BJ: I don’t want her to be weak. I want her to be strong in her own way. But I don’t want her strength to overpower the male strength. You know I’ve had some like Tonight and Forever, where the girl could fight and do justice. Tori was an ex-CIA agent like her husband Drake was an ex-CIA agent. But in the end, he still rescued her. I want an intelligent woman who recognizes a man’s fault. Knowing that man isn’t perfect. I know he’s not perfect, but I’m willing to work with him. I see the goodness in him even when he doesn’t see the goodness in himself. Syneda and Clayton started out just as friends. When he knew what her problem was, he knew her dad. So what did he do? He said, ‘I’m about to find this man. I want to know. I want to see him. I want to know who her dad is.’ She wasn’t looking for her dad. He thought, ‘I’m going to do that. I’m going to find her dad. I want to know why he didn’t come for her.’ I want heroines that are smart and educated in their own right. Not that I have a problem with homemakers or anything like that, but I wrote during the 80s and 90s when women were coming into their own. They were not just teachers, you know. You had Lauren who was the writer. Syneda was the attorney. Then you have Kaitlyn who was [a] computer person. So everybody had a job. They had their own. They brought something to the table.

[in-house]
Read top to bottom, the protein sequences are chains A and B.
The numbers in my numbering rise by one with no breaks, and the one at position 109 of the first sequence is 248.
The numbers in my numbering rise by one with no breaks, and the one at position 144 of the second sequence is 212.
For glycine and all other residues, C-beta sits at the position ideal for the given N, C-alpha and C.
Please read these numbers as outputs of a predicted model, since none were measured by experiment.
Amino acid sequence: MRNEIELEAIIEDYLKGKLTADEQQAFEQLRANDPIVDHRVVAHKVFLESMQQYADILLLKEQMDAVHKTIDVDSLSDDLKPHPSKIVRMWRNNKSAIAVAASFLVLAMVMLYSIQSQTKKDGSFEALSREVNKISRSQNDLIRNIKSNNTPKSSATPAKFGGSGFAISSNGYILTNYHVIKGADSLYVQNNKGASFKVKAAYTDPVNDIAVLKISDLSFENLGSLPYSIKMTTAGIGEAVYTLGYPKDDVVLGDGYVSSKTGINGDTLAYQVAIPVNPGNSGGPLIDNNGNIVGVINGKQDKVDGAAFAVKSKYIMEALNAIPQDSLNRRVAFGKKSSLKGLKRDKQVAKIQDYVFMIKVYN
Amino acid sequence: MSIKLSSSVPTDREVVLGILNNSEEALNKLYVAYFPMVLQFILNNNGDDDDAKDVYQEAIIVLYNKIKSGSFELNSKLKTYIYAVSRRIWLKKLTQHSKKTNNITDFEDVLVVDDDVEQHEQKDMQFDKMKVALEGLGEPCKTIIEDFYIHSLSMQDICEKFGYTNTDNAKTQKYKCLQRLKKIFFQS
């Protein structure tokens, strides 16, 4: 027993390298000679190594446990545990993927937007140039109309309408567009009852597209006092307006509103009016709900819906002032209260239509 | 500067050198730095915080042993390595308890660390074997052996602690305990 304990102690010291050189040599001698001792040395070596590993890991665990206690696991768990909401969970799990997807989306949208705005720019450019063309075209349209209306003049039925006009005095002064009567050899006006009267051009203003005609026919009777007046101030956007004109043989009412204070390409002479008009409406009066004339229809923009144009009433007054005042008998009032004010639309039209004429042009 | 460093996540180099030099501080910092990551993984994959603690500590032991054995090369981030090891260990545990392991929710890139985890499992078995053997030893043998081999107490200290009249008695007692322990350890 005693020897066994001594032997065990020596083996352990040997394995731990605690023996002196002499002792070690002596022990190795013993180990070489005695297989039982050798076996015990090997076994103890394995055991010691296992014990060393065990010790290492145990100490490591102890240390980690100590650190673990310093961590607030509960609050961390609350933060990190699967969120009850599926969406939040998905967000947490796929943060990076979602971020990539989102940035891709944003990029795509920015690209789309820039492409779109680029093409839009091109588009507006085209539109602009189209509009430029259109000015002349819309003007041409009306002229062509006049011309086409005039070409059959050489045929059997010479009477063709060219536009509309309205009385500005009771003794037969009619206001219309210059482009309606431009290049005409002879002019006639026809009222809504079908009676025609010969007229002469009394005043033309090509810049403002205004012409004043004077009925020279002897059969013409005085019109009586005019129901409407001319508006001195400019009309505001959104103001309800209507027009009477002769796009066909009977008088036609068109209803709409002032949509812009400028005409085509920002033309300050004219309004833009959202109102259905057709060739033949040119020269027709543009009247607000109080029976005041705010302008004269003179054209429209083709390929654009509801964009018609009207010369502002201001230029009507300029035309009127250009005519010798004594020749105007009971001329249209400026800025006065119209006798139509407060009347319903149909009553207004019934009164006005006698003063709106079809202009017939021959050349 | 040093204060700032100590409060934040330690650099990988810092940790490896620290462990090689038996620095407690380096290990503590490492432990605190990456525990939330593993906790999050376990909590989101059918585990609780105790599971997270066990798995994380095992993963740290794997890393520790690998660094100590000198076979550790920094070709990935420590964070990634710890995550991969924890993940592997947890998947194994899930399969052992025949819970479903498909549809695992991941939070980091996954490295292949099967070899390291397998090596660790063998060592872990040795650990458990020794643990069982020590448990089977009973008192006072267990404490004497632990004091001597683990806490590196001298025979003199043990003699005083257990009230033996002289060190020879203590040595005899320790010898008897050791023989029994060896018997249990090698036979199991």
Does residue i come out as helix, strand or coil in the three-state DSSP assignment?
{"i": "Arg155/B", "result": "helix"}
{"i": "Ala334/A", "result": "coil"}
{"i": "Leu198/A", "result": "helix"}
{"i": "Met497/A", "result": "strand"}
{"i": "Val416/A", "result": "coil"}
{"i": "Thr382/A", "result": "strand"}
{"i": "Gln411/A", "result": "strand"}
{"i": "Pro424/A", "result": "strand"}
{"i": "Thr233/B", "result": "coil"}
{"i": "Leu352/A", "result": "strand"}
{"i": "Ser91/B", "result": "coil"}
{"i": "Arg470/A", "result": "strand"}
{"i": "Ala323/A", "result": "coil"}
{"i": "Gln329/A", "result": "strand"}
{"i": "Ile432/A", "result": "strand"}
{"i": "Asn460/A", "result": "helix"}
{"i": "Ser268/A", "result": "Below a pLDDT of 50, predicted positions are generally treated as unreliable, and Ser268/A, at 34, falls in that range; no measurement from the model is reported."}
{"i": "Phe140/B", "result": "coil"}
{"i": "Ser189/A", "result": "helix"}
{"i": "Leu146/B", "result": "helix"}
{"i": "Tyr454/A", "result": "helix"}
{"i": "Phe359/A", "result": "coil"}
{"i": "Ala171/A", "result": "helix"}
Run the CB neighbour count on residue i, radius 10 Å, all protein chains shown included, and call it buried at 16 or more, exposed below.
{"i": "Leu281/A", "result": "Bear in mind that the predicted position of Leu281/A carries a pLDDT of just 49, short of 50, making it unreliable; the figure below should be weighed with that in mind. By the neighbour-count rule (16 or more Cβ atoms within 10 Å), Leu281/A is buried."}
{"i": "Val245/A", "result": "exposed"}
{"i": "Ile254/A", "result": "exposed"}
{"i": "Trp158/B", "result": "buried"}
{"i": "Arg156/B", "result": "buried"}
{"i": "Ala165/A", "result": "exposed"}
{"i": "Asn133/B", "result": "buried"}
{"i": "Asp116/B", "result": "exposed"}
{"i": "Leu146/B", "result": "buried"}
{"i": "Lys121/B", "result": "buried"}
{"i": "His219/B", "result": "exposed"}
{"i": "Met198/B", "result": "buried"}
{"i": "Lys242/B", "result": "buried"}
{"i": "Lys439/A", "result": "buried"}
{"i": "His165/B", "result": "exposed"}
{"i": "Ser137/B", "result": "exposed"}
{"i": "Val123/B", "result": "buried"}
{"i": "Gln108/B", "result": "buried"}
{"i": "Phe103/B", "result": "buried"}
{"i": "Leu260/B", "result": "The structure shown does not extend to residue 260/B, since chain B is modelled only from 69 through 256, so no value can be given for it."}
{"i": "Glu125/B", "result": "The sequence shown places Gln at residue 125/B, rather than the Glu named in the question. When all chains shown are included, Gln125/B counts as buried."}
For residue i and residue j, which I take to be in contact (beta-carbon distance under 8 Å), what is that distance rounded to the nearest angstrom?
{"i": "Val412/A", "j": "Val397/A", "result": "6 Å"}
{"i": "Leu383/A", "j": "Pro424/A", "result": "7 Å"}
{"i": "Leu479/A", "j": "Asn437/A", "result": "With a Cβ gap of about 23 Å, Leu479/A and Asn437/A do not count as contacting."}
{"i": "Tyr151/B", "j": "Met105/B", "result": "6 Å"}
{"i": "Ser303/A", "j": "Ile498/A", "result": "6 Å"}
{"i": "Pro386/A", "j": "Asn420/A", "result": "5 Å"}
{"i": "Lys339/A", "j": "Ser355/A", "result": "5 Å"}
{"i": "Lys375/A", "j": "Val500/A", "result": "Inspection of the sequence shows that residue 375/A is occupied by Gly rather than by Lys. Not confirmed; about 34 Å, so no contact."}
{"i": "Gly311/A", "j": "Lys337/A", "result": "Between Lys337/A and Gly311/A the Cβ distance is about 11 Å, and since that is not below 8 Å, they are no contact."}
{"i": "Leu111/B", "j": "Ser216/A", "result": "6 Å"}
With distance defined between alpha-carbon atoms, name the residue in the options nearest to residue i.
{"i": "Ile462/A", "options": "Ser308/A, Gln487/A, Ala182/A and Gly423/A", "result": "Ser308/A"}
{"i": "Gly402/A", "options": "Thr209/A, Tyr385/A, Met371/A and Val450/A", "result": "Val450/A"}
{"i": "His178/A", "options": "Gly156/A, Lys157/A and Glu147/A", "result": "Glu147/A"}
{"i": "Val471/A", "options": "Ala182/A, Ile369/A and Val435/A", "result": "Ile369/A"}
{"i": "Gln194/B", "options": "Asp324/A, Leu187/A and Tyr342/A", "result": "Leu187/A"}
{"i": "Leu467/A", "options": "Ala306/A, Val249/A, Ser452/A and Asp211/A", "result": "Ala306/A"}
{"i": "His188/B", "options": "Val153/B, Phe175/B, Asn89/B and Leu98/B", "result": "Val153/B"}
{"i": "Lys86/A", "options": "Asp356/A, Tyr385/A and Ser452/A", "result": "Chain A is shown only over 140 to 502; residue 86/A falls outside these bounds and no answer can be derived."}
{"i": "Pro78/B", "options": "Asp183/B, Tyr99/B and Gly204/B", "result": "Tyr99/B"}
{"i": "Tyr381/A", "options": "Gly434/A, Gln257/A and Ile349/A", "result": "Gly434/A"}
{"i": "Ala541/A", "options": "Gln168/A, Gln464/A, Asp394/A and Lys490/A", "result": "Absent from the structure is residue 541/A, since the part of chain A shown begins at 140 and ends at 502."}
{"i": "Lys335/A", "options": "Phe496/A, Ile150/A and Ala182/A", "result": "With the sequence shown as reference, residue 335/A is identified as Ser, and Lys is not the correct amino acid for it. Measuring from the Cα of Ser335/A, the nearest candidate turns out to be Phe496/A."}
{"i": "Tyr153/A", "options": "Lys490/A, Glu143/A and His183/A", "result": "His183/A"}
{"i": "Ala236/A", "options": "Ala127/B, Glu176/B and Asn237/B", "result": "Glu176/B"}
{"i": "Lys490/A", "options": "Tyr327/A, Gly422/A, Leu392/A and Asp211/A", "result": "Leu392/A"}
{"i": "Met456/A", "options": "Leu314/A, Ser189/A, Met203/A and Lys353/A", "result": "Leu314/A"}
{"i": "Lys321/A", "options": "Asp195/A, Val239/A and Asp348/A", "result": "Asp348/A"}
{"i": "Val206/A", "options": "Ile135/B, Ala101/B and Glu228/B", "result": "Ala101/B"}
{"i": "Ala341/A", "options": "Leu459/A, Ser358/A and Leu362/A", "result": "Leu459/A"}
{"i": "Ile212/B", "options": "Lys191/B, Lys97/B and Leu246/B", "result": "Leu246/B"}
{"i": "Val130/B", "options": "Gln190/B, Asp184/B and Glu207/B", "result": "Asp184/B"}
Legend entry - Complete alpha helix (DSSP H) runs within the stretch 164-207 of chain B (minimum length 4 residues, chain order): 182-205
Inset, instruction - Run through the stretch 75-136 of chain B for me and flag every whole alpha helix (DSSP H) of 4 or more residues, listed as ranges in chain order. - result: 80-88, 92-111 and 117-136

JMF: Who are your readers, and what are their responses to your book? Do they ever push back?
BJ: My readers have grown so much, and I have a whole new group of readers now that are just finding out about Brenda Jackson. I have a book club of over 4000 and these are women who have read me from the beginning. So they’re telling the older ones this is what you need to read first. It floors me when I get a group of women, and I talk to them either on Zoom, and they only want to talk about the Westmorelands [books]. They haven’t read the Madaris. Wait, wait, wait, wait, wait. Y’all need to read the Madaris books. But no, they came in on the Westmorelands, and that’s all they want are the Westmorelands. They love the Westmorelands because they see them as totally different. A totally different set of characters, you know, from the Madaris. I have people. And then there are the Steeles. People just want to read about those bad news Steeles. The six brothers that were from Phoenix. They were bad boys. Women like alpha males. They love Alpha males. I’ll throw a Beta male in there, and they’ll say he’s too nice. Justin Madaris was too nice; we got tired of Lorren. He put up with her too much. That’s the young people thinking that way.
JMF: What made you decide to turn your books into film?
BJ: Because of the first one that was made with BET. It wasn’t made like the book and that bothered me so much. I swore I never ever let anyone else make another book into a movie. It disappointed me and my readers.